University At Buffalo's Shale Resources And Society Institute’s ‘Environmental Impacts During Shale Gas Drilling’ Report

The University at Buffalo's Shale Resources and Society Institute issued a report yesterday, "Environmental Impacts During Shale Gas Drilling: Causes, Impacts and Remedies," which offers a quantitative data review of Pennsylvania's regulation of natural gas development in the Marcellus Shale. The press release notes that I was a reviewer for the report.

While I was a reviewer, this does not mean that all of my suggestions were taken or that I agree with all of the report’s opinions and conclusions.

Does the report have strengths? Absolutely. Unfortunately, it is hard to find understandable, comprehensive data describing natural gas industry environmental violations and the responses taken by enforcement agencies. The University at Buffalo has done a great service by bringing such information to light for the period studied (2008 through August 2011).

At the same time, several of the opinions and conclusions in the report are questionable. These include: 

  • The idea that a violation isn’t an “environmental” concern if it is a violation of “paperwork” or “preventative” regulations and didn’t result in immediate, actual harm to the environment.
  • Characterizing the rate of environmental violations (narrowly defined) as “low” in the first eight months of 2011 when, even using a narrow definition of environmental violation, violations were found at 26.5% of the wells drilled.
  • The suggestion that the present regulatory program is effective because the incidence of “environmental violations” (narrowly defined) declined from 58.2% of wells in 2008 to 26.5% of wells in 2011.

In sum, there’s a lot of good information to be gleaned from the study, but caution should be exercised with regards to some of the conclusions.

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  1. Peterk
    Posted May 17, 2012 at 5:47 pm | Permalink

    glad to see that the EDF is at least willing to participate as a reviewer and not stand outside poo-pooing the reports.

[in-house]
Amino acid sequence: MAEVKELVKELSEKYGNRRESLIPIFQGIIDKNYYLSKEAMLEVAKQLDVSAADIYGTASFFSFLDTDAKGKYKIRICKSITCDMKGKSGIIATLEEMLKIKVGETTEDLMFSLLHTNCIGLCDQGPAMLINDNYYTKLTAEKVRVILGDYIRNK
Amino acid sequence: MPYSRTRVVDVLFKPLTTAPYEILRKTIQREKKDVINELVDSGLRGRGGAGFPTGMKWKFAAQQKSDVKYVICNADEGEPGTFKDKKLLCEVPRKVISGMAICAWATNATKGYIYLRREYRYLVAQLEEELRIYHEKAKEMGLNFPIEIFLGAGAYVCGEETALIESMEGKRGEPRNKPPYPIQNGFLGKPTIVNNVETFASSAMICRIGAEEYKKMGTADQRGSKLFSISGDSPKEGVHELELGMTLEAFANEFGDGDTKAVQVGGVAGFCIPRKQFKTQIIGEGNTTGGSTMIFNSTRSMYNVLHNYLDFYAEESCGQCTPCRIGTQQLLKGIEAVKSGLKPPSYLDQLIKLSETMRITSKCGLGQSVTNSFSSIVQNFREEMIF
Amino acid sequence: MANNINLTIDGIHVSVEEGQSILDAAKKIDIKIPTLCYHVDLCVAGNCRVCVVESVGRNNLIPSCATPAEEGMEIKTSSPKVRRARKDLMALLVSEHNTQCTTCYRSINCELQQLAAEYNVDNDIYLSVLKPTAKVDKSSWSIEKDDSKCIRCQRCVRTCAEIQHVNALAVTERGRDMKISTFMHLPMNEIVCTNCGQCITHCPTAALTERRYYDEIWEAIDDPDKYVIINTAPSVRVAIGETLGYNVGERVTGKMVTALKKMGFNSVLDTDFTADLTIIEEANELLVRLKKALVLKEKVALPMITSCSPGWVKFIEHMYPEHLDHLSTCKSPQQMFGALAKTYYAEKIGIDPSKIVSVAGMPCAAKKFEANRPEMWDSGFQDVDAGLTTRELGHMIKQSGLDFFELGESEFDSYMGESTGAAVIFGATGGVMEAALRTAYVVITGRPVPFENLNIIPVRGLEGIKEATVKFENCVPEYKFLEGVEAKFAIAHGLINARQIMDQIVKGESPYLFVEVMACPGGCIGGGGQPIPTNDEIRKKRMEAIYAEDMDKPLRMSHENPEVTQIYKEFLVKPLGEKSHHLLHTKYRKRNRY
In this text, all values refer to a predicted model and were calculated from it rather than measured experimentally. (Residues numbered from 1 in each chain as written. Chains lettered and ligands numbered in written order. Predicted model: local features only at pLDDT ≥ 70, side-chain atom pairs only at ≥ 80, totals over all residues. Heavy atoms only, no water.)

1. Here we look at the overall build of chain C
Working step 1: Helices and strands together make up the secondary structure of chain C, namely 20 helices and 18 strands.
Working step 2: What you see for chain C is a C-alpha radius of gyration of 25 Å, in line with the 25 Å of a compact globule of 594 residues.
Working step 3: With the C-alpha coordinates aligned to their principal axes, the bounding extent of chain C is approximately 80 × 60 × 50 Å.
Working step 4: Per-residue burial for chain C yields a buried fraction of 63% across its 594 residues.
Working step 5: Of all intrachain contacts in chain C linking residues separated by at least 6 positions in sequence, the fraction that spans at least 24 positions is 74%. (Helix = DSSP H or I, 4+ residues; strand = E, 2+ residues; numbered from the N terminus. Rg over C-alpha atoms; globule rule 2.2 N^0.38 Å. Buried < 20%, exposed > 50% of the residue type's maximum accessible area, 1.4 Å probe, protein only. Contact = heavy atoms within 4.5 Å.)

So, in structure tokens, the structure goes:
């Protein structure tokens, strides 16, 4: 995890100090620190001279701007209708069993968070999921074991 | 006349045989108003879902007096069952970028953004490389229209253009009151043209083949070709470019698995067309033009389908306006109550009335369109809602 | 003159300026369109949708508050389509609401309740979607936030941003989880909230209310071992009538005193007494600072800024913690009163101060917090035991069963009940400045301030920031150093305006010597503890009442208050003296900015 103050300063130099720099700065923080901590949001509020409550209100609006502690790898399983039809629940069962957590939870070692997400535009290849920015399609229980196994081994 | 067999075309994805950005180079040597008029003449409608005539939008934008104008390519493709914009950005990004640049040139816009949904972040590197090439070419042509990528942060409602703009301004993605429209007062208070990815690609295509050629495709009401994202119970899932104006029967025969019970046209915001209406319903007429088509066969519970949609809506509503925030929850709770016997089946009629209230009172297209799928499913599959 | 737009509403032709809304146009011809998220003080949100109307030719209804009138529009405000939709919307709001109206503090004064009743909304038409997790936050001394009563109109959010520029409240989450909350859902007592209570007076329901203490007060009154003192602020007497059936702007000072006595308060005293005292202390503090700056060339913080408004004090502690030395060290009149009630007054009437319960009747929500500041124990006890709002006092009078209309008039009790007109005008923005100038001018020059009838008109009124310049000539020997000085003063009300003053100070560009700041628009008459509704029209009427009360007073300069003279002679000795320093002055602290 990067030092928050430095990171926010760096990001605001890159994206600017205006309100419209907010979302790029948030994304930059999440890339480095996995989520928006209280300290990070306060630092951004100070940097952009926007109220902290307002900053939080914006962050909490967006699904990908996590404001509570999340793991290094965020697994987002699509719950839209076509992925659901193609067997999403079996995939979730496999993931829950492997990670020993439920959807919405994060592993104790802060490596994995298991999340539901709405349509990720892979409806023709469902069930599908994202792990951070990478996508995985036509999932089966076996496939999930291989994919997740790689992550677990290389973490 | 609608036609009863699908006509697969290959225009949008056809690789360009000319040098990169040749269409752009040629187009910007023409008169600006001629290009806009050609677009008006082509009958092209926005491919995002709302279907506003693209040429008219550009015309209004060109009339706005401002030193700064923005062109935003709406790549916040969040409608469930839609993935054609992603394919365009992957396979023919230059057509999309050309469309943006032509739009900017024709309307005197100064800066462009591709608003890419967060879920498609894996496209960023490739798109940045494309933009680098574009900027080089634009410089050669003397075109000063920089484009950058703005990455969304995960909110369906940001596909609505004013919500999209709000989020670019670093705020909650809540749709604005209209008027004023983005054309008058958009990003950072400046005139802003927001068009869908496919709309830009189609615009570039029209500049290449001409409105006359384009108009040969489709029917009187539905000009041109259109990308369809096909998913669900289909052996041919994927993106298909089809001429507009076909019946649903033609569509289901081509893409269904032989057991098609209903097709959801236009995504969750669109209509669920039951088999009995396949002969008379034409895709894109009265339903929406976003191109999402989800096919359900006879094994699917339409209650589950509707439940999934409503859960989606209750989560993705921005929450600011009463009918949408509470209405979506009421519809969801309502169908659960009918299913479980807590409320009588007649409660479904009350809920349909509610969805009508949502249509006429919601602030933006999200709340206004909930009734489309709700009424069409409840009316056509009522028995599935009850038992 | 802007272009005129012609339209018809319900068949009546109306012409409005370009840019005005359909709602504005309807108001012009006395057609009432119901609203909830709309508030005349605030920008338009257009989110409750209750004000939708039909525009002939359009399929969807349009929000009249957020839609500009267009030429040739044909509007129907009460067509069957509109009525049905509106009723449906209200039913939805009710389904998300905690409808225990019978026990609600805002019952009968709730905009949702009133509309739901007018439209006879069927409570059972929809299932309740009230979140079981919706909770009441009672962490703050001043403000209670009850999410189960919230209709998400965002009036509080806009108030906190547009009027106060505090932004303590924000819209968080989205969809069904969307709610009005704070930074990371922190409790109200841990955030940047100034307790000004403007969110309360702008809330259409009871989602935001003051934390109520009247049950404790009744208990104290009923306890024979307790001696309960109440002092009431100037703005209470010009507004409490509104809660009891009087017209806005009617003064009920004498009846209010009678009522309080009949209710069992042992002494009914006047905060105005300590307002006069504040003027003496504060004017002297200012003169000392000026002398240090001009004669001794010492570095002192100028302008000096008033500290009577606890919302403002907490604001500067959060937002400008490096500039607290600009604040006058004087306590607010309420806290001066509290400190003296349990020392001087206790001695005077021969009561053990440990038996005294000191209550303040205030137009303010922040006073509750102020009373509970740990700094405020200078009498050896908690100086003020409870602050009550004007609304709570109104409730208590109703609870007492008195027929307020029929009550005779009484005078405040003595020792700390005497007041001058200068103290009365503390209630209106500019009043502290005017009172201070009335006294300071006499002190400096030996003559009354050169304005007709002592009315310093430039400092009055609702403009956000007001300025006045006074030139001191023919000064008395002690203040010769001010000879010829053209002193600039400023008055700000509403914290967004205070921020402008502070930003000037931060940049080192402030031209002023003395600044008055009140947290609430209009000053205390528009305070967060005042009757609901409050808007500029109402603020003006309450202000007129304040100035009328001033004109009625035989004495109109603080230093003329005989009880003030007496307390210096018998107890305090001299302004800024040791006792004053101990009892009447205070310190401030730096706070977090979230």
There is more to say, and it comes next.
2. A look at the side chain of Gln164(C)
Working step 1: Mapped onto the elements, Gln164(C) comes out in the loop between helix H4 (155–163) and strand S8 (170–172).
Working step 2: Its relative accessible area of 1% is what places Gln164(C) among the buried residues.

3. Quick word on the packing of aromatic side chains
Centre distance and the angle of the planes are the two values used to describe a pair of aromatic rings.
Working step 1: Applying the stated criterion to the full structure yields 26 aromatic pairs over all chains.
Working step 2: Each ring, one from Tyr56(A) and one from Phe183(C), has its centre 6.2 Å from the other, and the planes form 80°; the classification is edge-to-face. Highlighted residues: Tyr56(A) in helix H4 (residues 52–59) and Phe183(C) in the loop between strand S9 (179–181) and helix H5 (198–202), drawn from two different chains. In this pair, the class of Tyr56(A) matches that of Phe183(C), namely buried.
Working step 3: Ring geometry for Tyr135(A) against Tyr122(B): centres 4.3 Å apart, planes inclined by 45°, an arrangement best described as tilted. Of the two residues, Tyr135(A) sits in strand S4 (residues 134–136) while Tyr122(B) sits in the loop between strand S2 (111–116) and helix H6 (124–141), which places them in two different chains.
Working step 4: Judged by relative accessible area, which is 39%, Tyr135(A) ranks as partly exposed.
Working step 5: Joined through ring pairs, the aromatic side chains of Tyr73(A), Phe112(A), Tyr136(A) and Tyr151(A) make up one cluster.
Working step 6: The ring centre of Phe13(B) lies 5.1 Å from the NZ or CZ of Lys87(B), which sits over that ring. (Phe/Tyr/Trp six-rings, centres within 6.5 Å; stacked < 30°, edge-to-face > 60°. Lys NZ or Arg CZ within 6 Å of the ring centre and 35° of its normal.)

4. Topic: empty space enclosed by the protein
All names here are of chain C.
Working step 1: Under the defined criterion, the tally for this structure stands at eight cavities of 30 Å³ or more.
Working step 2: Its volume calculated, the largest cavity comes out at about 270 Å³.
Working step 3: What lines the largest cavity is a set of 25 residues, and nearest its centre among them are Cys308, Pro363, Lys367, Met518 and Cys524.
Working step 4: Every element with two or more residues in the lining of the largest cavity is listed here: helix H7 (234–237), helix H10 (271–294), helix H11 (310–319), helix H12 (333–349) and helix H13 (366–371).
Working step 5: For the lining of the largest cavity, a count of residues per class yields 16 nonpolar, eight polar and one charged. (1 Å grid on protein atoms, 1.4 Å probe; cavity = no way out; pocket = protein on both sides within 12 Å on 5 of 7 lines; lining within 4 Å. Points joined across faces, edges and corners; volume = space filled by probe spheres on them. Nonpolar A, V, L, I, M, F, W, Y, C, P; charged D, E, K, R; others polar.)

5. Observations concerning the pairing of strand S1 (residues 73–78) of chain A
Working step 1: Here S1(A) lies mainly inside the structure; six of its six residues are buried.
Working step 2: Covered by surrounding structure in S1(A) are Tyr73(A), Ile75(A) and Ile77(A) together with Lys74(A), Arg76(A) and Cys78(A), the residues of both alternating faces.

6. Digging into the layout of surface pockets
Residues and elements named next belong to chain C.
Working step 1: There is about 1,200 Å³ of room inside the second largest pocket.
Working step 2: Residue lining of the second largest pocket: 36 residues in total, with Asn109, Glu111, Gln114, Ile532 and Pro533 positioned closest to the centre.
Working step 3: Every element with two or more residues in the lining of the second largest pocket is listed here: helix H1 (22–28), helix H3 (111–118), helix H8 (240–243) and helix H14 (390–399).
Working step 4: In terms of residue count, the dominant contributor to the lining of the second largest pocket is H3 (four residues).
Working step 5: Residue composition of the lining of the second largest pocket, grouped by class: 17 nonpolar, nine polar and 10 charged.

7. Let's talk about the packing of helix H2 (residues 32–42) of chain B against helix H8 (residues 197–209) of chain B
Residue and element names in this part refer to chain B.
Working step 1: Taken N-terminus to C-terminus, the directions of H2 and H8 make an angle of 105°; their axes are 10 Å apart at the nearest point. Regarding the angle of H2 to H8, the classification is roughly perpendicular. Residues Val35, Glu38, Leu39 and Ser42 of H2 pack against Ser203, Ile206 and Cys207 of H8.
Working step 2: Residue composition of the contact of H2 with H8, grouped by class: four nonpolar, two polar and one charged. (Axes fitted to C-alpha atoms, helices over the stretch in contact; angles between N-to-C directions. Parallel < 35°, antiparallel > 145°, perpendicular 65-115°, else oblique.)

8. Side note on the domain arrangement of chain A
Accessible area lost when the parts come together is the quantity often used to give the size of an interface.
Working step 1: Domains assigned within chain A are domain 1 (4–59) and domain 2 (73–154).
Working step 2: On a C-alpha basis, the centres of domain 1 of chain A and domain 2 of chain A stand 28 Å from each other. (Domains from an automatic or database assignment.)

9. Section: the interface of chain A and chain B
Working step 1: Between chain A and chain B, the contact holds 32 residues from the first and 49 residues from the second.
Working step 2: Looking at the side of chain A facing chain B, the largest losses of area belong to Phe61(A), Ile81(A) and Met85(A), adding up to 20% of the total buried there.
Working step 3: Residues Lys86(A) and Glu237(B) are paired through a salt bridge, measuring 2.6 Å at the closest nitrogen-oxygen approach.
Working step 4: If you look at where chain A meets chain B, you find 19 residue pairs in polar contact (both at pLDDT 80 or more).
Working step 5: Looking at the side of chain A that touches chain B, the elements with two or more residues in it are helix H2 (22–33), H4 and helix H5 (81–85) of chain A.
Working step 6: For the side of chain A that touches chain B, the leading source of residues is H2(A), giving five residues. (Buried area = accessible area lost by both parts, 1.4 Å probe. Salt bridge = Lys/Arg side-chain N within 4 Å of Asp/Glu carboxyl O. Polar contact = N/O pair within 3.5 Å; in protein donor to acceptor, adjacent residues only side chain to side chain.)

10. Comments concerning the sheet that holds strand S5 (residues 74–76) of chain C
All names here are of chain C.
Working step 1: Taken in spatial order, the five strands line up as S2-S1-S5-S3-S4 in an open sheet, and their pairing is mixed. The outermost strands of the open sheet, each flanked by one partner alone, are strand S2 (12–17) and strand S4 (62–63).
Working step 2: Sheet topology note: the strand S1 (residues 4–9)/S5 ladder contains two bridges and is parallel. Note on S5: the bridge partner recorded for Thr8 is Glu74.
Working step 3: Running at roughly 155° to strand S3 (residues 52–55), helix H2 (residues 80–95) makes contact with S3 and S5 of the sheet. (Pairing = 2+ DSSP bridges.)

2. Jim Holstun
    Posted May 17, 2012 at 9:02 pm | Permalink

    The University at Buffalo Press Office says the SRSI report was "peer reviewed, a process of self-regulation to maintain standards and provide greater credibility, by the following. . . . Scott Anderson, senior policy advisor with the Environmental Defense Fund's Energy Program."

    This is a serious abuse of the term "peer review." It doesn't mean just running your ideas by a few people inside and outside the field, following the advice you like, and ignoring the advice you don't, then publishing yourself. It means that a scholarly journal receives a submission, asks experts in the field to comment and reject it, accept it, or accept it with a demand for revisions. The journal then returns to the writer asking for revisions and, contingent on his or her response, decides to publish or not to publish.

    It isn't properly "peer review" if the peer reviewers can't turn the submission down. Dr. John Martin can't be both one of the persons writing the "scholarly article" and one of the Co-Directors of SRSI deciding whether or not to publish it. I teach at the University of Buffalo, and if I were to try to self-publish an article and claim that it had been subject to "peer review," I would be laughed out of my office, and perhaps out of my job. Rightly so, too.

    • Josh Stack
      Posted May 22, 2012 at 9:30 pm | Permalink

      Jim, as a UB alum, I appreciate your thoughts and position on this. I'm actually surprised at how egregious and thinly veiled this "Institute" is in terms of its true motivations.

2 Trackbacks

  • […] to remove the "peer-reviewed" description it gave to the report, since it was not. And a reviewer from the Environmental Defense Fund notes that the paper draws some questionable conclusions that he did not actually endorse. On […]

  • […] to remove the "peer-reviewed" description it gave to the report, since it was not. And a reviewer from the Environmental Defense Fund notes that the paper draws some questionable conclusions that he did not actually endorse. On […]

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